Leesburg Today, Day 1

Back to School Where? 

Judge to Rule on Attendance Boundary Changes

By Danielle Nadler

Leesburg Today

Aug. 14, 2012

Which elementary school roughly three dozen Leesburg-area students will attend is up to a Loudoun County Circuit Court judge this week—just 12 days before the start of the school year.

A new attendance zone boundary map, adopted Dec. 13, 2011, by the School Board, makes room for the new Frederick Douglass Elementary School and reassigned more than 1,000 Leesburg-area students, including students in the Potomac Station and Beacon Hill neighborhoods. Members of those two communities filed separate petitions for judicial review of the new map, and the first day of arguments from each attorney were heard together by Judge Thomas D. Horne today.

Attorney Julia B. Judkins, representing the School Board, is expected to call witnesses to support the School Board’s case Wednesday.

In a county that constantly opens new schools, parents have been upset with attendance zone changes in the past, but this is the first time the School Board’s boundary changes have been appealed to the courtroom.

Leading up to the December decision, the School Board held four public hearings and three work sessions, with as many as 13 attendance maps—several of which were pitched by community members—on the table at once.

The attendance map ultimately adopted moved some Potomac Station students from the overcrowded John W. Tolbert Elementary School to the new school and Beacon Hill, an upscale estate subdivision west of Leesburg, from Frances Hazel Reid Elementary School to Catoctin Elementary School, a move the School Board said helped more evenly distribute the students considered low-income and English Language Learners among the Leesburg area schools.

Attorneys for each of the communities presented very different cases, except on one point. Both Michael N. Petkovich, representing the six petitioners from Beacon Hill, and John C. Whitbeck Jr, representing lead Potomac Station petitioner Eric Dekenipp, both argued the School Board ignored its own bylaws for redrawing attendance zones.

Petkovich went on to say how the School Board came to its adopted attendance map showed favoritism toward River Creek students, who will remain at Francis Hazel Reid Elementary. During the boundary decision process, community members were invited to draft their own plans to be considered by the School Board. Petkovich said the plan drafted by the parents of Beacon Hill best aligned with the School Board’s bylaws, yet was pushed aside.

He also pointed to an email from Tom Marshall, who represented the Leesburg District on the School Board at the time, that asked his fellow board members, “Why do we continue to give preferential treatment to River Creek?”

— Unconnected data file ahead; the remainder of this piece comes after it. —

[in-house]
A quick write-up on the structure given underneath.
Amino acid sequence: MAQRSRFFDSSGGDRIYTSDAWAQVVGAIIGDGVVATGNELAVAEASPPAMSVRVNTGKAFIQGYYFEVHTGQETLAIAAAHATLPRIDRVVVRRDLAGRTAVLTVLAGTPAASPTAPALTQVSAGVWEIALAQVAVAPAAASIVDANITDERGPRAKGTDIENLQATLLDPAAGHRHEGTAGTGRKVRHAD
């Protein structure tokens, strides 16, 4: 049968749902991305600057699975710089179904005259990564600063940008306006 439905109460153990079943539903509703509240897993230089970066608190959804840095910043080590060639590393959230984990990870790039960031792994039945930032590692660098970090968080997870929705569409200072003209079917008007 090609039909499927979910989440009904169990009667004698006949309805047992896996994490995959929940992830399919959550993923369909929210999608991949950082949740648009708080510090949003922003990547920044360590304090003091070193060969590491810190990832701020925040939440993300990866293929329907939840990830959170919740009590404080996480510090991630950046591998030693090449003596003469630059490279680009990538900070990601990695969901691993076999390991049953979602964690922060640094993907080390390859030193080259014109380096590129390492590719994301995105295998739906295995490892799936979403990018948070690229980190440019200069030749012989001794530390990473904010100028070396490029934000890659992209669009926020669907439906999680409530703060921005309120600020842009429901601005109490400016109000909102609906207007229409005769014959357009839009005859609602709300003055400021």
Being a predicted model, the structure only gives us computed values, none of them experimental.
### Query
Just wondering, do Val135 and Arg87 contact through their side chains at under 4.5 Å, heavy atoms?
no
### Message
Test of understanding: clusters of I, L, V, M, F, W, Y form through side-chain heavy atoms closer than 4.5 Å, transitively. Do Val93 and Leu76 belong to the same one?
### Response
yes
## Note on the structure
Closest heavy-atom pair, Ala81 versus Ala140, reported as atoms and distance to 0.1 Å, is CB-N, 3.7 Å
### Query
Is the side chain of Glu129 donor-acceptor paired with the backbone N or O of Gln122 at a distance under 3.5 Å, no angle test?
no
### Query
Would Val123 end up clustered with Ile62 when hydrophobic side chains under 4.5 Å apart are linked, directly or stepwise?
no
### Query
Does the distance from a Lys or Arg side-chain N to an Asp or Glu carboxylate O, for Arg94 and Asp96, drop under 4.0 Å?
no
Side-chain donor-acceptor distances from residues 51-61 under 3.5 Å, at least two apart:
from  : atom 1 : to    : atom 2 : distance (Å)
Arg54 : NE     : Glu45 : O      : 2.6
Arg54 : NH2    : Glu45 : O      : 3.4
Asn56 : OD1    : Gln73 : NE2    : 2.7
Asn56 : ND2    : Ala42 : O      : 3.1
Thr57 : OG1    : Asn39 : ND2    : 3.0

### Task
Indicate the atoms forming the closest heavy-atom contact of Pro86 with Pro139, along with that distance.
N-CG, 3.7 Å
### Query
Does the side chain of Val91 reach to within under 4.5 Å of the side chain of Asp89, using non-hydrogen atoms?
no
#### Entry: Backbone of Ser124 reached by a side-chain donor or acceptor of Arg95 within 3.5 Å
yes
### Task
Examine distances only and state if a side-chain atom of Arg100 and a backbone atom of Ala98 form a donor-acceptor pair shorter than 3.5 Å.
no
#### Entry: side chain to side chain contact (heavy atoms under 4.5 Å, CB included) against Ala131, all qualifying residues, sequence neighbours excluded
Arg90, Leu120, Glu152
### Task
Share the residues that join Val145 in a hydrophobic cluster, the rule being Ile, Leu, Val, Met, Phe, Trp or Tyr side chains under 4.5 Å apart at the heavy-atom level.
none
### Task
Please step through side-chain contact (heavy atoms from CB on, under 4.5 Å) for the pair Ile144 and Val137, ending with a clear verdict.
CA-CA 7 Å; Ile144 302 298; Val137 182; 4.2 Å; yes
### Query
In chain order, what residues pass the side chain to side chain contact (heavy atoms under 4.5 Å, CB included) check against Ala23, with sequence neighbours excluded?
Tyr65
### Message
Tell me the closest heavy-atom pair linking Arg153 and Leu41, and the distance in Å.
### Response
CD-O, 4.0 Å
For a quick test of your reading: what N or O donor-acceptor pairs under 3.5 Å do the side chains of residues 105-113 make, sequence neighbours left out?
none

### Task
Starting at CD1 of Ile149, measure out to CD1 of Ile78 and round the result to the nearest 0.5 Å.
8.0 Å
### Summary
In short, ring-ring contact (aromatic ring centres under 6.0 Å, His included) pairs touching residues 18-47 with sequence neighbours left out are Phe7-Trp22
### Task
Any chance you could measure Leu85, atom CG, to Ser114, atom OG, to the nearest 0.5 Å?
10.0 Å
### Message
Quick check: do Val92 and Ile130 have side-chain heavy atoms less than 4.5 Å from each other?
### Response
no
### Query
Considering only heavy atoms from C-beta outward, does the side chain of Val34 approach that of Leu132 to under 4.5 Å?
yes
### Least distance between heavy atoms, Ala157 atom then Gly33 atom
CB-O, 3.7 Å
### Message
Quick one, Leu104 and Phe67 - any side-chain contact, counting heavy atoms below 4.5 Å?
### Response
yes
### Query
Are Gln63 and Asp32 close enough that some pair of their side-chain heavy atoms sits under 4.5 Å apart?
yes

“It’s clear [the School Board] bent over backwards to make sure River Creek would stay at Francis Hazel Reid,” Petkovich said, later adding: “I ask that you overturn this decision.”

Parents in a section of Potomac Station, named CL-19 school attendance zone maps, does not want the board’s entire decision overturned, Whitbeck explained to Horne, but just wants the 35 students to be returned to Tolbert Elementary, which is within walking distance to their homes.

Keeping students at schools closest to their homes is one of the priorities of the School Board, Whitbeck said, “They completely ignored their bylaws.”

During opening arguments, Judkins, representing the School Board, argued that the board’s bylaws are not restrictive. She pointed to the “wide discretion” state law provides for elected bodies deciding matters such as attendance zones, and urged Horne to not decide whether the adopted plan is the best plan but whether the board reached beyond its legal capacity.

“It was a logical decision,” Judkins said. “The plan the board adopted moved the fewest number of students, balanced demographics, brought more special education students [back to Leesburg], relieved overcrowding…it’s not the perfect plan, but it is an improvement.”

Former School Board members Robert Ohneiser and Marshall were both called as witnesses by Whitbeck and Petkovich. Answering questions from Whitbeck, Ohneiser, who voted against the adopted map, told the court the School Board held balancing student demographics as a higher priority over reducing overcrowding, efficiency or keeping students at their neighborhood schools.

When asked by Whitbeck whether the board considered the impact of moving Potomac Station students from a school 0.2 miles away to a school three miles away, Ohneiser said he was the only one to bring it up.

“It just made no sense to me at all and, frankly, it was discarded,” he said. “…It was referred to as not meaningful.”

Marshall told the court one of the key criteria throughout the process was to relieve overcrowding in Leesburg elementary schools.

“Tolbert Elementary School was over 200 students over capacity—it had to be reduced,” he said.

Petkovich suggested the attendance map proposed by the Beacon Hill residents was purposely pushed aside, pointing to a list of recommendations to meet the needs of special education students put out by the school system staff late in the attendance zone process that automatically eliminated their plan and five other proposed plans. He asked Marshall how he responded when those recommendations were held up as new criteria.

“It made me feel like, well how can I win if they’re going to throw in another factor,” Marshall, who ultimately voted in favor of the adopted map, said.

Horne is expected to issue a decision before the first day of school Aug. 27.

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